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Disclosure of Risks

While E&Y's 2013 "Excellence in Integrated Reporting" survey referred to risks that "will affect the businesses' ability to create value"73 rather than dividing them into financial and nonfinancial risks, much like disclosure of nonfinancial KPIs, nonfinancial risk disclosure had often increased without being adequately linked to strategy or performance. While companies demonstrated an improved level of disclosure for items like the amount of money spent training staff or bursaries to build future capacity, the lack of links back to goals and strategies was disappointing to the accounting firms. Most companies surveyed had improved in presenting a balanced view of risks, but it was unclear how companies linked those risks to strategic objectives or how those risks translated into measurable KPIs. Many risks mentioned were generally applicable to any company in South Africa.74 Few companies highlighted business opportunities arising from nonfinancial risks or linked risk disclosure of nonfinancial factors to International Financial Reporting Standards (IFRS) disclosures in statutory annual financial statements. While 9 7% of companies surveyed by PwC reported on principal nonfinancial risks,75 only 52% integrated them into other areas of their reporting and only 10% of companies supported risk disclosure with quantitative information like KPIs. A mere 13% provided thorough insights into the dynamics of their risk profiles and how they could change over time.76

Director Remuneration and Board Transparency

Disclosure of director remuneration, introduced by King III, remained contentious. While PwC77 observed that 51% of companies provided clear alignment between KPIs and remuneration policies, and Deloitte78 conceded that disclosure had improved, it was clear that not many companies were assessing the effectiveness of the board as emphasized by King III. Moreover, detail regarding remuneration was scarce, and the way remuneration was aligned to facilitate the delivery of strategic objectives was not often addressed. E&Y found that little to no information was provided on how the variable portion of short-term bonuses was determined. When KPIs determining bonuses were discussed, there was seldom any sign of how those indicators translated to rand amounts or whether they were for previous or current accrual periods. Most of the information for director compensation was likewise convoluted.79 Indeed, many companies were more comfortable reporting on board charters and terms of reference rather than actual activities undertaken by the board over the year. Only 16% of those surveyed by PwC described the activities of the board.80 "Some companies have battled with what to include in their report about governance. The information that is most relevant is that which reflects how governance affects the value creation ability of the business," said Roberts.81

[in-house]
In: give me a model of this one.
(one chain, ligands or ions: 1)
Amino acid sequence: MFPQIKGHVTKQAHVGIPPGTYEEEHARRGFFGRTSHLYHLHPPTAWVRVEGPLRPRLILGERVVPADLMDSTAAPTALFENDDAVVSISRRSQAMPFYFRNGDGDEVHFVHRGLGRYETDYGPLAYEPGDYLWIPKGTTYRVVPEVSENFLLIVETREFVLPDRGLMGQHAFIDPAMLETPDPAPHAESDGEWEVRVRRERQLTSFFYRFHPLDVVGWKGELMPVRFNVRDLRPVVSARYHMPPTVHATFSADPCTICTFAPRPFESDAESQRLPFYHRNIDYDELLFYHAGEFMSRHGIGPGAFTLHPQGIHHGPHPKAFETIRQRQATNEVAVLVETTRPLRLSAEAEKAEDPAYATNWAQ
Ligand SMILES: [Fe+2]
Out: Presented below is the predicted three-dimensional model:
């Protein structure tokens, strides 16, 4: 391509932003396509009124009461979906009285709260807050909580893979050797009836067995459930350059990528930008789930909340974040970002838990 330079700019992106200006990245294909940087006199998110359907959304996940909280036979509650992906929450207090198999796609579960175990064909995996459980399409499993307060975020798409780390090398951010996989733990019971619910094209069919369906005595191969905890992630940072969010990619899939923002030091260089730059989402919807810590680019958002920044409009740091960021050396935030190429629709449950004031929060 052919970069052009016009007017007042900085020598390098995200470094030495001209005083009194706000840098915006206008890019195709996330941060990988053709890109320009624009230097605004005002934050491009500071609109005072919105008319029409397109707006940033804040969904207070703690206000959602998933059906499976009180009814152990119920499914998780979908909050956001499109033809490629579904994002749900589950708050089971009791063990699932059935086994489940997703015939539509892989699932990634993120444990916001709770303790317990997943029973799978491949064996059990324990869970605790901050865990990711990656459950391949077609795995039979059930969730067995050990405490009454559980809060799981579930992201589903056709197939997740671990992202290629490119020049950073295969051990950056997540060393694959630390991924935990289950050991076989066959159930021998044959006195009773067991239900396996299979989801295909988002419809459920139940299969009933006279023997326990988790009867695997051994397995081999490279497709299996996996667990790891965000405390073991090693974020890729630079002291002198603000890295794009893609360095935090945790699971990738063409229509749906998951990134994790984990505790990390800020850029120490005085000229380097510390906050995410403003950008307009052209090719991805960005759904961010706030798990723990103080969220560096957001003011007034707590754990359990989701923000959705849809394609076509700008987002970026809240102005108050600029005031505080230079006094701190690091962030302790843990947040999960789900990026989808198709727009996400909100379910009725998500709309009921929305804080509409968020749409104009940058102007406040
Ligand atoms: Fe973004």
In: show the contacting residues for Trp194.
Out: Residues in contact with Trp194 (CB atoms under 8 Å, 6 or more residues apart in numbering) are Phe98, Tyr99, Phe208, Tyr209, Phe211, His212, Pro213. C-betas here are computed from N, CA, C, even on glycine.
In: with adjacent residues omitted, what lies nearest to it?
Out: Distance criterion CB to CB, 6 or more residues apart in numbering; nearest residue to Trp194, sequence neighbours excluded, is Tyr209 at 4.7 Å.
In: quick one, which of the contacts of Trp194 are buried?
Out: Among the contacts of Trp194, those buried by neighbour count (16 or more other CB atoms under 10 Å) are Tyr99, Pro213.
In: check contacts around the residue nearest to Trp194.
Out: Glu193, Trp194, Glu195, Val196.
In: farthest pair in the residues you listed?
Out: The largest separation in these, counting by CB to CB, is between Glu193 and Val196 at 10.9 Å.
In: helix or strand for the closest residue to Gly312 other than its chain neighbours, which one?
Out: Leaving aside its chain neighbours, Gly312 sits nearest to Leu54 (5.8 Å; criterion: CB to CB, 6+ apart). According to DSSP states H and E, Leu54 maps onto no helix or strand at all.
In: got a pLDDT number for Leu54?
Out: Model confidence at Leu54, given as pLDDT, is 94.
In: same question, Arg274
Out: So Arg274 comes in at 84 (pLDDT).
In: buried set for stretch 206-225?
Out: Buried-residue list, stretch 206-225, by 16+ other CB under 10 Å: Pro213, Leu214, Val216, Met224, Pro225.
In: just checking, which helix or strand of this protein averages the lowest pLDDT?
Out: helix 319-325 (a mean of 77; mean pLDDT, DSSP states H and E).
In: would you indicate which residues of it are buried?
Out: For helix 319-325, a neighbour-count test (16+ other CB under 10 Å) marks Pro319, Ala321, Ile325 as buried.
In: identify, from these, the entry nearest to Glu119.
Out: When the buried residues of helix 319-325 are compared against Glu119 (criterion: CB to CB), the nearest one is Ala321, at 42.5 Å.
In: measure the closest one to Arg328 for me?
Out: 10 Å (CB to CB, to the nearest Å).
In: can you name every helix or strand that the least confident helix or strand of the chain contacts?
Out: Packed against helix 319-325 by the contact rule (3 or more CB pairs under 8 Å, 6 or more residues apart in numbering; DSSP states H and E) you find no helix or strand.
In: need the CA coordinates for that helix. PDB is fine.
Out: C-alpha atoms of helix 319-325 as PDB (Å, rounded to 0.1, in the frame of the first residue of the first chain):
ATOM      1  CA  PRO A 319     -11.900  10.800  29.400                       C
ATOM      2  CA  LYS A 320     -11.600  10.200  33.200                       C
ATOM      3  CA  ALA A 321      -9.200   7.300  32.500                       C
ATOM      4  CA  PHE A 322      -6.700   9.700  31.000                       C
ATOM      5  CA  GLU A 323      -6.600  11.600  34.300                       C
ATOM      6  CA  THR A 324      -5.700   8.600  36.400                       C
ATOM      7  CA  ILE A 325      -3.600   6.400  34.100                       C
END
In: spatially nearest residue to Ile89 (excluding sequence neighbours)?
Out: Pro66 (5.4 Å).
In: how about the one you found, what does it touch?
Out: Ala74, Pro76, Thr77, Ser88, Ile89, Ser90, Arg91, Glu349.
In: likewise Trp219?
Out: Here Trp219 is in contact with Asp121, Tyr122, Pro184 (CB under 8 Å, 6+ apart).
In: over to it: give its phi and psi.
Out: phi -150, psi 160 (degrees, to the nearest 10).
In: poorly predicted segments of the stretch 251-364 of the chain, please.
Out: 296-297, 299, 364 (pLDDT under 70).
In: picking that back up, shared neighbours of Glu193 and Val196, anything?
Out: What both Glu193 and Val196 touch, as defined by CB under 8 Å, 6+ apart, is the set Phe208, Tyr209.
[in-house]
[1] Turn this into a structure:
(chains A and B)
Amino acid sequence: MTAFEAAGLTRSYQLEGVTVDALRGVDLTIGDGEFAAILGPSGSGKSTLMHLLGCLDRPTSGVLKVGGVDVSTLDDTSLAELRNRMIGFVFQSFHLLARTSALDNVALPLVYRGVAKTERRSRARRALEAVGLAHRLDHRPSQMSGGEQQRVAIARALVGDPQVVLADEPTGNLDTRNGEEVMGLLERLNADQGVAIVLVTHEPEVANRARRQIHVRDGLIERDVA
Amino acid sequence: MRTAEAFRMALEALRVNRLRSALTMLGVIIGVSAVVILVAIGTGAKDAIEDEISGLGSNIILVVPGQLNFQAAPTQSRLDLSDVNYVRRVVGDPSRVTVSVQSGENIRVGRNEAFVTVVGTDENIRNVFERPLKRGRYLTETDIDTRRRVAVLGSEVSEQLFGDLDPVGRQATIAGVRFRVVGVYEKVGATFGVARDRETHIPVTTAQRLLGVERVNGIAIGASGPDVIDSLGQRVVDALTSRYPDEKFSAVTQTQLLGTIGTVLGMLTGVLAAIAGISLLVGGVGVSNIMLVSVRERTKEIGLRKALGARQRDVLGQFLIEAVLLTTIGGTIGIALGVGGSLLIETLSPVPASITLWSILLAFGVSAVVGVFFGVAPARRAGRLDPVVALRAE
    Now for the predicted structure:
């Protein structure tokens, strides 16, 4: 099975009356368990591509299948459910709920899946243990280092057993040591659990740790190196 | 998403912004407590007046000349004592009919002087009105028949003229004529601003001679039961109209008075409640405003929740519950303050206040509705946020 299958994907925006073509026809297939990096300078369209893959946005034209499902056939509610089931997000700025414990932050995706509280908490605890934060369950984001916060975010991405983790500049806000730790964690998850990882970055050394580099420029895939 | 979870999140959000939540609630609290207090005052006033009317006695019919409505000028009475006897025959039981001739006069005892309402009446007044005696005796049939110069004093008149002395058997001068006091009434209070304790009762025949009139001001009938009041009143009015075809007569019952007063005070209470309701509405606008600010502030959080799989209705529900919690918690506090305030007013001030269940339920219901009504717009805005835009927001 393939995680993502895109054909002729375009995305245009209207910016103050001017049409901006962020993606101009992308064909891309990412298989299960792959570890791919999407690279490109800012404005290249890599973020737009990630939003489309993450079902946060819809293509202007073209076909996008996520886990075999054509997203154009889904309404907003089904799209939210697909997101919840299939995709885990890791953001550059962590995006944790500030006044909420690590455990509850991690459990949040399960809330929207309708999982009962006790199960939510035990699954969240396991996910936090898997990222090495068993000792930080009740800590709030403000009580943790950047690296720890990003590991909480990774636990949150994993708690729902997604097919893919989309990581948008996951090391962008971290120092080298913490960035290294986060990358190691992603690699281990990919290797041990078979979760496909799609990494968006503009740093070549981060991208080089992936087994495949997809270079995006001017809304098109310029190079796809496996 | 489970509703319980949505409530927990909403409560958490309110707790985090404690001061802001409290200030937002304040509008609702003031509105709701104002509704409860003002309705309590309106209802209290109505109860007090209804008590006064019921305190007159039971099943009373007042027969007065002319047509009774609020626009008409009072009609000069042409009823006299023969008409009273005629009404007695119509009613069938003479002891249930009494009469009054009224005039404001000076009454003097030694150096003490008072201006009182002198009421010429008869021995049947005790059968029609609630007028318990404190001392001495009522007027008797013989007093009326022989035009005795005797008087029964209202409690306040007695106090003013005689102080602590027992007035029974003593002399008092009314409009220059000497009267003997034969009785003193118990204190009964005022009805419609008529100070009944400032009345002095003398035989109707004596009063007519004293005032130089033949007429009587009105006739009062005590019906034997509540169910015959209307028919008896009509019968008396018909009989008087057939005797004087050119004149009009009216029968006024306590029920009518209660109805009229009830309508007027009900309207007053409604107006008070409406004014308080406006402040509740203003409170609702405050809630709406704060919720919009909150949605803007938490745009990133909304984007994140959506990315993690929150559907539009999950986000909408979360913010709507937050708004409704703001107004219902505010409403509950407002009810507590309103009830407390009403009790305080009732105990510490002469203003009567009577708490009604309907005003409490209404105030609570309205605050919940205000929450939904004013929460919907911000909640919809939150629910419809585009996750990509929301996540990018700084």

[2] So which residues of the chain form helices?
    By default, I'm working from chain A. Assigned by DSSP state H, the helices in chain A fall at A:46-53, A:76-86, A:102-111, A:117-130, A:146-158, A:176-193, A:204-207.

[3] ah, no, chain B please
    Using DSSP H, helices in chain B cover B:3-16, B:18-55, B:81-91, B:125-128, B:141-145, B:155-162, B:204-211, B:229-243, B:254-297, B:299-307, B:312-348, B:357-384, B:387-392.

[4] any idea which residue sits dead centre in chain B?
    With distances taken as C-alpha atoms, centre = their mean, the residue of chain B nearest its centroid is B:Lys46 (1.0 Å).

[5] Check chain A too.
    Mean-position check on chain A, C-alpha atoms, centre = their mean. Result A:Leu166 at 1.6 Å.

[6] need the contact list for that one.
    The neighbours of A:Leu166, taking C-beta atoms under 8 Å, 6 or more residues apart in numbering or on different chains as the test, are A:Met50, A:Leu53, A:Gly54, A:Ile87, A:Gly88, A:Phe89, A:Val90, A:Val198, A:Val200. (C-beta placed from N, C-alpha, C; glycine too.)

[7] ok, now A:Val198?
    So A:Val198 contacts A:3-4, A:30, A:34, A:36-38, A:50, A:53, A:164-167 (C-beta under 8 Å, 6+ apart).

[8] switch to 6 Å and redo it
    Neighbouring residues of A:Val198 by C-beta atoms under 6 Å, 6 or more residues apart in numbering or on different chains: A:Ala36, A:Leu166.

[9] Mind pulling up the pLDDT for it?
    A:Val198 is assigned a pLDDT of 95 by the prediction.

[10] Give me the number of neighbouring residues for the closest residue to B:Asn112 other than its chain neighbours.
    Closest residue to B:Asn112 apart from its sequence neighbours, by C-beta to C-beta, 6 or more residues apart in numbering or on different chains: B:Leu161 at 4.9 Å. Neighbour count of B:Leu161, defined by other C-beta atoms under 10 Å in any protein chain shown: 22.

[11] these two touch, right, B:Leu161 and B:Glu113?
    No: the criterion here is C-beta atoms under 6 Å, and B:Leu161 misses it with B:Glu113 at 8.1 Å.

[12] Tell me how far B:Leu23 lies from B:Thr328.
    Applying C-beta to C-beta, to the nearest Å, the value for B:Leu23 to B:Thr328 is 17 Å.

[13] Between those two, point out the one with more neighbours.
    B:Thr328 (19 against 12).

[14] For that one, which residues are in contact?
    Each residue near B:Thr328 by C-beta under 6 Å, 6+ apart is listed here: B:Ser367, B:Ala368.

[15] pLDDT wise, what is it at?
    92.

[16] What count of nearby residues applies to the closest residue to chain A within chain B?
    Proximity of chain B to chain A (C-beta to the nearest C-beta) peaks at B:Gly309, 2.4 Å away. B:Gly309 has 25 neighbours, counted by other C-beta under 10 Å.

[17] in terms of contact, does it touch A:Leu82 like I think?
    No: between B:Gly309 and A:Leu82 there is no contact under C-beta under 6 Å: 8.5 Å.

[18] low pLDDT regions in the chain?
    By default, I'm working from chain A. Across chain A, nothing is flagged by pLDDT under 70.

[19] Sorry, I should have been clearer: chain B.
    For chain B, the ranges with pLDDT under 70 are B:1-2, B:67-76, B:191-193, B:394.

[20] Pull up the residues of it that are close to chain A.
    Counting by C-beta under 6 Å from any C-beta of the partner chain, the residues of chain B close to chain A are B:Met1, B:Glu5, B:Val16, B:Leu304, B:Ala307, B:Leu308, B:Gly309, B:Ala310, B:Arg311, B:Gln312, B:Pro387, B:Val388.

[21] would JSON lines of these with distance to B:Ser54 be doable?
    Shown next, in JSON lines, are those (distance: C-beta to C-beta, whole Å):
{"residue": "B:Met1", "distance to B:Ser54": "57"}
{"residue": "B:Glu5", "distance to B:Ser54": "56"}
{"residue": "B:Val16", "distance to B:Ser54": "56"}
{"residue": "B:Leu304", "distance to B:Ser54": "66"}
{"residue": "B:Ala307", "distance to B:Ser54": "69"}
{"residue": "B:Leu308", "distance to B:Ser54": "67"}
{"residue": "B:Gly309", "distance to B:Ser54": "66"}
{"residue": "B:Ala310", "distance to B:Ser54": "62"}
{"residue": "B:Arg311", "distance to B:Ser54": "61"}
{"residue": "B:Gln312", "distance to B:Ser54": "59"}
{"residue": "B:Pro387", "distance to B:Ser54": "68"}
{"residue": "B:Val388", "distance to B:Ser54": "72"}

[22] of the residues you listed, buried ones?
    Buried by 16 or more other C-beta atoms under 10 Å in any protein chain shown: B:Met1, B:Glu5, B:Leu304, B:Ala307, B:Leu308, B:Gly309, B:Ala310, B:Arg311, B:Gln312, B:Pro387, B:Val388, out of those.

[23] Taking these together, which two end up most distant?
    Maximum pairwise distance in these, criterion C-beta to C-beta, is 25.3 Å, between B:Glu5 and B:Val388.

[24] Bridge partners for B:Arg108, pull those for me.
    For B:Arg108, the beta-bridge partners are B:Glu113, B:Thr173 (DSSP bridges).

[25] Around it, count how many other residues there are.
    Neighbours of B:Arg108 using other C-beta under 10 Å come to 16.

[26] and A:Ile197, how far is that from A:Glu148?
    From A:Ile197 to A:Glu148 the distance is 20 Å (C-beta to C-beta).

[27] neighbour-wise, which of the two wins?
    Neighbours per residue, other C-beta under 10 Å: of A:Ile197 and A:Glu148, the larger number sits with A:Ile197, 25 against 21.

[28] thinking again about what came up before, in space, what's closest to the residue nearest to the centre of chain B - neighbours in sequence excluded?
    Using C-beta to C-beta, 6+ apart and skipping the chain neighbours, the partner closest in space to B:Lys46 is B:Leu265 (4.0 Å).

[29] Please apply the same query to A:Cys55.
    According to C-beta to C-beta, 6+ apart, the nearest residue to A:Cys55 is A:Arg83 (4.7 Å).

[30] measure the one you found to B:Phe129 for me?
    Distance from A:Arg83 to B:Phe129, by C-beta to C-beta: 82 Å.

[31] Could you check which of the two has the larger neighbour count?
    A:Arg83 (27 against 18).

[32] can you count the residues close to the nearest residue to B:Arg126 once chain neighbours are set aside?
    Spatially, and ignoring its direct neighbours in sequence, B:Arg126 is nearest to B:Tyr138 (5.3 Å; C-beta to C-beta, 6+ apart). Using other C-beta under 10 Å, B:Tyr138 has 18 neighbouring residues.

Disclosure of Forward-Looking Information

Although an area that had improved since the first reports, companies were loath to disclose too much forward-looking information. This was especially true when it came to environmental, social, and governance (ESG) factors.

While Deloitte found that companies disclosing KPIs generally included historical trends and future targets—an increase from 75% inclusion to 80% inclusion from Period 1 to Period 2 for fiscal 2011—future performance projections still suffered from a lack of completeness. Only one-third of those surveyed by Deloitte set measurable nonfinancial targets linked to strategy and stakeholder concerns.82 Similarly, PwC found that only 13% of companies surveyed provided effective communication on future outlook. Only 10% provided future targets for KPIs. While 90% discussed future market trends, only 61% of companies linked them to strategic choices, and expected market rates and growth were, more often than not, not quantified. Nor was there much explanation of which factors would impact those trends in the future. However, 68% of companies did identify the time frame in which future viability had been considered.83

Reasons cited for the lack of disclosure were fear of regulatory reprisal and creating expectations that could be used against management in the future, as well as the simple fact that corporate reporting has traditionally been focused on past performance. In its 2011 assessment, KPMG suggested substantial cultural change was necessary to achieve a truly forward-looking perspective corroborated by a consideration of past performance against strategy and strategic perspectives, and that companies could guard against liability by wording their future performance goals and expectations carefully.84 "This was a scary area for companies first stepping out on their integrated reporting journey," said Roberts. "But over the years disclosure has improved, with companies realizing that it was not about giving a profit projection; rather, the focus lay in transparency regarding the significant relationships and factors with the power to affect the future value creation ability. Companies have been quite inventive, using ratios, waterfall graphs, commodity reviews, and other clever ways to show true relationships."85

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